Editor’s note: Hunting & Gathering is part of an ongoing series by  part-time local, regular contributor and foodie extraordinaire, Lisa Barlow. For all you foodies out there, look for more recipes and insights from the likes of Jeff Badger of Siam in the coming weeks.

Sometimes on a cold day, all I want is a warm bowl of soup. Feeling both rushed and lazy yesterday, I grabbed a few heads of broccoli on my way home and 30 minute after walking in the door, sat down to a delicious meal. This recipe is embarrassingly easy to make, but so good I am happy to share it.

The secret to this light, but densely flavored, potage is that it contains a high ratio of vegetables to broth. While its texture is very creamy, no cream or milk is used. Omit the butter and the cheese crackers I served it with and you can feel very virtuous eating it as a meal.

4  small heads broccoli (6-8 cups)
2 cloves garlic, peeled
1 large onion, diced
2 Idaho potatoes, peeled and cubed
32 oz. chicken broth
2 Tbsp. olive oil
1 Tbsp. butter
1 tsp. salt
More salt and pepper to taste

•    Cut off tough ends of broccoli stems, leaving about 2 inches on each bunch. Separate broccoli florets and place them with garlic cloves in a large pot with an inch or two of water and steam until soft. Set aside.
•    In a skillet, brown onion in olive oil until translucent and slightly caramelized. Stir in butter. Set aside in a bowl.
•    Place potatoes and salt in skillet you used to sauté onions. Add an inch of chicken broth and simmer with the lid on until potatoes are soft. Cool slightly.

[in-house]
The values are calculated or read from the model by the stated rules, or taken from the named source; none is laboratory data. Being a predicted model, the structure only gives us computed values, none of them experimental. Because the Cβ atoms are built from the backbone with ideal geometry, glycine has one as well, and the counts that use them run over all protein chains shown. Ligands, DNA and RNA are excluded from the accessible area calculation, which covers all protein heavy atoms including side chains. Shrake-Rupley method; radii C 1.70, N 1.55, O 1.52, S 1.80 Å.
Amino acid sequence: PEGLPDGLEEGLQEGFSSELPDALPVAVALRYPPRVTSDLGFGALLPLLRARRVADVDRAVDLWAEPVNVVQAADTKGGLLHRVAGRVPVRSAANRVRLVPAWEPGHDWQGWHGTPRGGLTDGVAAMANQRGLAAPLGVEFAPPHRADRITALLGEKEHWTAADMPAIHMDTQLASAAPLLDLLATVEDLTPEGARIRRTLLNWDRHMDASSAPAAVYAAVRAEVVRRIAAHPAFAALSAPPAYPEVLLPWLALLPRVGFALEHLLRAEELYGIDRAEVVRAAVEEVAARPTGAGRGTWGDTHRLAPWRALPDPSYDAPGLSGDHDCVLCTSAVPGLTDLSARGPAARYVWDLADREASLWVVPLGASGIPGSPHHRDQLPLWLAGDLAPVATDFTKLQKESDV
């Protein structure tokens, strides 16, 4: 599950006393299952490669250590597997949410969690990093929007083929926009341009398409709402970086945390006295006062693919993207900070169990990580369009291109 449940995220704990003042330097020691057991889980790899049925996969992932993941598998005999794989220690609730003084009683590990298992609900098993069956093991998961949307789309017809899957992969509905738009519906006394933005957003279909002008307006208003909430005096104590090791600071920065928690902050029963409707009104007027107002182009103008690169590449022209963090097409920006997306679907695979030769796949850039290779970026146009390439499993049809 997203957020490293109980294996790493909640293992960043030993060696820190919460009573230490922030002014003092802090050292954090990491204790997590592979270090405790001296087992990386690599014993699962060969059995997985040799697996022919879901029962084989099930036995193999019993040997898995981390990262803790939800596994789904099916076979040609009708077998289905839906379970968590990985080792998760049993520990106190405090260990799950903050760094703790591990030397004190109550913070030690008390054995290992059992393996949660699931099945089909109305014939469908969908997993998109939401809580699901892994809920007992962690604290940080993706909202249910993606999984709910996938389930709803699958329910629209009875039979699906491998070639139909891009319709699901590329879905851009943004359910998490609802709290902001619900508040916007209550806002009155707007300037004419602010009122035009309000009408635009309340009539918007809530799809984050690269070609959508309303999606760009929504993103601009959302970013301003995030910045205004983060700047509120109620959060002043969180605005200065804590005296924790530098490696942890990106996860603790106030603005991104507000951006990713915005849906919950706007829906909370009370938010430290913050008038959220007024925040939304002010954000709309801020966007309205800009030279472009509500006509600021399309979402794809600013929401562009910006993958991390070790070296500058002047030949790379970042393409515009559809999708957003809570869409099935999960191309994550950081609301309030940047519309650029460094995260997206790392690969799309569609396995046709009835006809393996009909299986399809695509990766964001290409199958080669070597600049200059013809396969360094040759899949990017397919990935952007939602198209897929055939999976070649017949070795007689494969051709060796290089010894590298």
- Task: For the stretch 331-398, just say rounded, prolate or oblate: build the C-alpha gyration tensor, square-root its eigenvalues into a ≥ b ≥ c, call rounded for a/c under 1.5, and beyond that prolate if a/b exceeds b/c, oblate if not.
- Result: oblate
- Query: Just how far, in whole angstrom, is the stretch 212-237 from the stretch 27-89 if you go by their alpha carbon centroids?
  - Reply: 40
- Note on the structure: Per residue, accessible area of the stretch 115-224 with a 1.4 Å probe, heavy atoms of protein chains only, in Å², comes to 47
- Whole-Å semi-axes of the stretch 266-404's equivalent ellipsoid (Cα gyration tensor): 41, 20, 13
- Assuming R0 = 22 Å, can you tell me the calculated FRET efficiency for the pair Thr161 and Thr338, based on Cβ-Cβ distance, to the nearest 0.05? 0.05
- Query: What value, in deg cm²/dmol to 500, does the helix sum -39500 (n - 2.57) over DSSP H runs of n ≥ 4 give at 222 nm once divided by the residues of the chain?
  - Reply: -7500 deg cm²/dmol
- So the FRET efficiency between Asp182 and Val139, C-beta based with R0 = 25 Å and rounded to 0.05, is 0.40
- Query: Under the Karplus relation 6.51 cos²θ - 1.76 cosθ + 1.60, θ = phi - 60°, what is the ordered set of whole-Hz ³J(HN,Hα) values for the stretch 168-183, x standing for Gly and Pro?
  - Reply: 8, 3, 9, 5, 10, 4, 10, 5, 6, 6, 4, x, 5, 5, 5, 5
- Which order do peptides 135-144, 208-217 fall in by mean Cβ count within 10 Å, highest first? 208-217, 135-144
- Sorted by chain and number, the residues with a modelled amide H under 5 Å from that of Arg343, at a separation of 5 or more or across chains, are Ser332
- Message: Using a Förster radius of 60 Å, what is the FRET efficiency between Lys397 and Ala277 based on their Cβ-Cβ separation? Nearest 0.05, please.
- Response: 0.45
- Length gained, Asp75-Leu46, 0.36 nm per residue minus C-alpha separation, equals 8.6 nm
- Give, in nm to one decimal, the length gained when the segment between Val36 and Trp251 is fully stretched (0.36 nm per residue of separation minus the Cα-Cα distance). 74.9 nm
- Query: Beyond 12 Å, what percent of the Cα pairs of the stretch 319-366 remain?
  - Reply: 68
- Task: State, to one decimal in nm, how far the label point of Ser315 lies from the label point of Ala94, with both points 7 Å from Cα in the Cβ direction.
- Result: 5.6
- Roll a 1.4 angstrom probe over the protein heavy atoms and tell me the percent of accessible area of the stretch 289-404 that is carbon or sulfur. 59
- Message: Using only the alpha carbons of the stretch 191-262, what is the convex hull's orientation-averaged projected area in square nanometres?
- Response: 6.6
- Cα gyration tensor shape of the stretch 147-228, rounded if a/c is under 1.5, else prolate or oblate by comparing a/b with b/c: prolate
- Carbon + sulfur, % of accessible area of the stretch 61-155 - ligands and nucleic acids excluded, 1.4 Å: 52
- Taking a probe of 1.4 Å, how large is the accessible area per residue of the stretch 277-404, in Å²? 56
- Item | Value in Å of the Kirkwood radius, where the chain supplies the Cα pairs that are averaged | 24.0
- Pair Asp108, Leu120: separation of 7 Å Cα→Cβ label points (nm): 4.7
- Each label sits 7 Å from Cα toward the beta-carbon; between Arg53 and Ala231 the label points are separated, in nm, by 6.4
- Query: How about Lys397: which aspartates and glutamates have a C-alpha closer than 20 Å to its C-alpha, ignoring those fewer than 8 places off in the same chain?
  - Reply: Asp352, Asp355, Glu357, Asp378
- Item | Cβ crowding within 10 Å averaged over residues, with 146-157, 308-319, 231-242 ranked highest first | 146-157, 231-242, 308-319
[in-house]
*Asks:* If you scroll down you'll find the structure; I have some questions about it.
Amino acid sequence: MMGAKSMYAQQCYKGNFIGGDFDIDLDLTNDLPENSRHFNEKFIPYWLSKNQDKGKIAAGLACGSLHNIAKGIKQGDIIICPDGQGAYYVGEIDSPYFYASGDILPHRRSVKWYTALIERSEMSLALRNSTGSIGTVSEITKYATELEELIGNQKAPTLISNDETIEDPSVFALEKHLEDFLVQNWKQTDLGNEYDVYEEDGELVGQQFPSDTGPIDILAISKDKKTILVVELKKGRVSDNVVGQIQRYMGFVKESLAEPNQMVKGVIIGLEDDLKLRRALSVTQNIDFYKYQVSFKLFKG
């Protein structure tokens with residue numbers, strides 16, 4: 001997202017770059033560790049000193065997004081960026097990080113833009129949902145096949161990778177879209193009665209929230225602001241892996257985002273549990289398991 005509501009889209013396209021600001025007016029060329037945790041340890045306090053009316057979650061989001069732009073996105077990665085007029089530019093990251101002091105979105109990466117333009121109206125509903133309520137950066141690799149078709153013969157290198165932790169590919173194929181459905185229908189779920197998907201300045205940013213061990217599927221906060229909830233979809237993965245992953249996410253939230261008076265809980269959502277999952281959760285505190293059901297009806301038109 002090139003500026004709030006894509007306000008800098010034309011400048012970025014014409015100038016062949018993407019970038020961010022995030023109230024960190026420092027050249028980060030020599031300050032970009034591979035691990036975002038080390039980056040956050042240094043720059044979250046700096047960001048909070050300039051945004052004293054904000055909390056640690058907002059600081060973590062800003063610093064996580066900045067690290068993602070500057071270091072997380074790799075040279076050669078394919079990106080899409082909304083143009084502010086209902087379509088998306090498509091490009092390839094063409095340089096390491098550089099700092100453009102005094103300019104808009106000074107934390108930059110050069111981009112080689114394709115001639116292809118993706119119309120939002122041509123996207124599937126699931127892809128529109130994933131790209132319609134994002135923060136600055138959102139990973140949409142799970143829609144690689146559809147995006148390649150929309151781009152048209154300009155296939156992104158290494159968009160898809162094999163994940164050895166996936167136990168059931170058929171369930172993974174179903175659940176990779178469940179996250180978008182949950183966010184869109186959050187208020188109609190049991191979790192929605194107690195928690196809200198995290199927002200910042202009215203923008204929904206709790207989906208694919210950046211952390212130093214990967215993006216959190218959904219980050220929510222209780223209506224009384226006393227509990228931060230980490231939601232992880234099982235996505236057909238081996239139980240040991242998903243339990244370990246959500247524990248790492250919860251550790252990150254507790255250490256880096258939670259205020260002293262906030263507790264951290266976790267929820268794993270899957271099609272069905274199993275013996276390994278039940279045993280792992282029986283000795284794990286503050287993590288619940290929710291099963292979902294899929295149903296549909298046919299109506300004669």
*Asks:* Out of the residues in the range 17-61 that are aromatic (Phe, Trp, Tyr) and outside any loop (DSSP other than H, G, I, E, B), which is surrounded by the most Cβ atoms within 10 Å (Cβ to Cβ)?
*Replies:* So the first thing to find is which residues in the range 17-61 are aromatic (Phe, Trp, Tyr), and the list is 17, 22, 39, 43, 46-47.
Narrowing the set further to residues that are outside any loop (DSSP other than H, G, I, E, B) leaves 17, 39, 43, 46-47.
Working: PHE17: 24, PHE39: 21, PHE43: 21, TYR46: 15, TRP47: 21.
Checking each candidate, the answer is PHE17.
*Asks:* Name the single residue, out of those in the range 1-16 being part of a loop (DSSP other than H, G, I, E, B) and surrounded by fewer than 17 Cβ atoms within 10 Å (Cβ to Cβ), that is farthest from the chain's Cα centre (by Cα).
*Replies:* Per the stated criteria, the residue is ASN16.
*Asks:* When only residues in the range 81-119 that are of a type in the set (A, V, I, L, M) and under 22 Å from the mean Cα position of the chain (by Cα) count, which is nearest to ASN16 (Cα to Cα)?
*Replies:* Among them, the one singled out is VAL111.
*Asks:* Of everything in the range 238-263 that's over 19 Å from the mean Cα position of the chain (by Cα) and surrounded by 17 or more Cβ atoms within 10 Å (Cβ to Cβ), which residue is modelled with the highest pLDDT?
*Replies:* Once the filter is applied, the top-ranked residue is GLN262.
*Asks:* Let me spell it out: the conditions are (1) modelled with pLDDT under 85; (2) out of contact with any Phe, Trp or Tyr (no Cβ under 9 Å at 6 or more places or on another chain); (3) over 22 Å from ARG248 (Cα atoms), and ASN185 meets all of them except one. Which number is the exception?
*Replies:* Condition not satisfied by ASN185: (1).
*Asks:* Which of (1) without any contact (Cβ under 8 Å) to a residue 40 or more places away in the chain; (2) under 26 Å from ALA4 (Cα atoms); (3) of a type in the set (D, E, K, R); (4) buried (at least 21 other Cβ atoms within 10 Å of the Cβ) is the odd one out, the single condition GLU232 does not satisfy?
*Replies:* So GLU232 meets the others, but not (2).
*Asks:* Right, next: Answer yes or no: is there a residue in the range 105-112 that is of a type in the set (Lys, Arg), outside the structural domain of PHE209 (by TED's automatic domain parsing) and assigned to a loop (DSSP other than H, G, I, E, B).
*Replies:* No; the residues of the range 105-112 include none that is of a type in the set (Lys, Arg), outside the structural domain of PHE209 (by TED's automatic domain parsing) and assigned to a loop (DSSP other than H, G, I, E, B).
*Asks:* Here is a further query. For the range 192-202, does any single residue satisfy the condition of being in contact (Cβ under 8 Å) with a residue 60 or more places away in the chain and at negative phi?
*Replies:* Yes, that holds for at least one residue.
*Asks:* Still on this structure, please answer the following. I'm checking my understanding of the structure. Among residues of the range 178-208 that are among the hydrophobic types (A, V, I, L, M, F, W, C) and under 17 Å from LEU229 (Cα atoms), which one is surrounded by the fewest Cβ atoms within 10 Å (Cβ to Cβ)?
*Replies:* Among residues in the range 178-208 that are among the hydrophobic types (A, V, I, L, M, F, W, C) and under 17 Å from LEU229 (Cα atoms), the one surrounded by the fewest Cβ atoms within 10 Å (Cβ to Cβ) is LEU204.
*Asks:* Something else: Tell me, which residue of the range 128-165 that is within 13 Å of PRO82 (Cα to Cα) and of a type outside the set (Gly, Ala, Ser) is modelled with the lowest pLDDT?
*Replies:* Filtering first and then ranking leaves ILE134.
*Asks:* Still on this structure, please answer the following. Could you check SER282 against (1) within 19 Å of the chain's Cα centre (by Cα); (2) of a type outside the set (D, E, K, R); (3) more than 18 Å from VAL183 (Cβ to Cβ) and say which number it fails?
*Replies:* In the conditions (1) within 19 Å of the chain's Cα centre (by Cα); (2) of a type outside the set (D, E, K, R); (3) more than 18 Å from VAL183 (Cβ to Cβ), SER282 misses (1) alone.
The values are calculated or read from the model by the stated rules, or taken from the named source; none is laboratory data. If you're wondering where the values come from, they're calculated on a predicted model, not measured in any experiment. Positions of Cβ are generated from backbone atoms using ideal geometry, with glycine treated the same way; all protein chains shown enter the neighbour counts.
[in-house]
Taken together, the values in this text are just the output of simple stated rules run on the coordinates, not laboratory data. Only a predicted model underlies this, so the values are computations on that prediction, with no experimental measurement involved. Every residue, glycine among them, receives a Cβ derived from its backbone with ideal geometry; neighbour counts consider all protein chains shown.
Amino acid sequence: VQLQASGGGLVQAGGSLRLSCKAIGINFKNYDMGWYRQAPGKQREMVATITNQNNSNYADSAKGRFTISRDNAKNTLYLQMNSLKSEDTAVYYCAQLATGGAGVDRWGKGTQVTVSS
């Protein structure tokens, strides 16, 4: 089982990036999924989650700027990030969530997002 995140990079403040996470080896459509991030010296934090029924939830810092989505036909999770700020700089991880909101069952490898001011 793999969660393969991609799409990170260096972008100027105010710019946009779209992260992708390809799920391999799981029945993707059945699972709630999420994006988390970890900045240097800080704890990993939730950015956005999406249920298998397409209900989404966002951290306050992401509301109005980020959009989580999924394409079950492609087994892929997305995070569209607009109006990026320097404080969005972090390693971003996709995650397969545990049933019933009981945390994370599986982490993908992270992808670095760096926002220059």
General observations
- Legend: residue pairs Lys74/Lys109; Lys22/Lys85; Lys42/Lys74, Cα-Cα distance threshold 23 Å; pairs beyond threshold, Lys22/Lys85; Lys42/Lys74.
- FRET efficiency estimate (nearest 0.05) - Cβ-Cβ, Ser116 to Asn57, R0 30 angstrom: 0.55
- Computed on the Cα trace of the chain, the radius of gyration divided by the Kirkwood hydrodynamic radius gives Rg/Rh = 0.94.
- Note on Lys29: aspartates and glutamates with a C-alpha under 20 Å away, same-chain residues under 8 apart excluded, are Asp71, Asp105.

•    Place broccoli, garlic, onions and potatoes* in batches in a blender. Add enough chicken broth to blend each batch smoothly.
•    Place all blended ingredients into pot and stir in any leftover chicken broth. The soup should have a thick, creamy consistency. If it is too thick, feel free to add extra chicken broth or water (preferably the water you used to steam the broccoli if there is any left).
•     Heat soup. Salt and pepper to taste.

*NOTE: Blending potatoes with a metal blade in the blender will make them a little gluey. This is why you never use a blender or food processor to make mashed potatoes. I find that if I blend them with enough chicken broth, the resulting texture does not adversely affect the soup.

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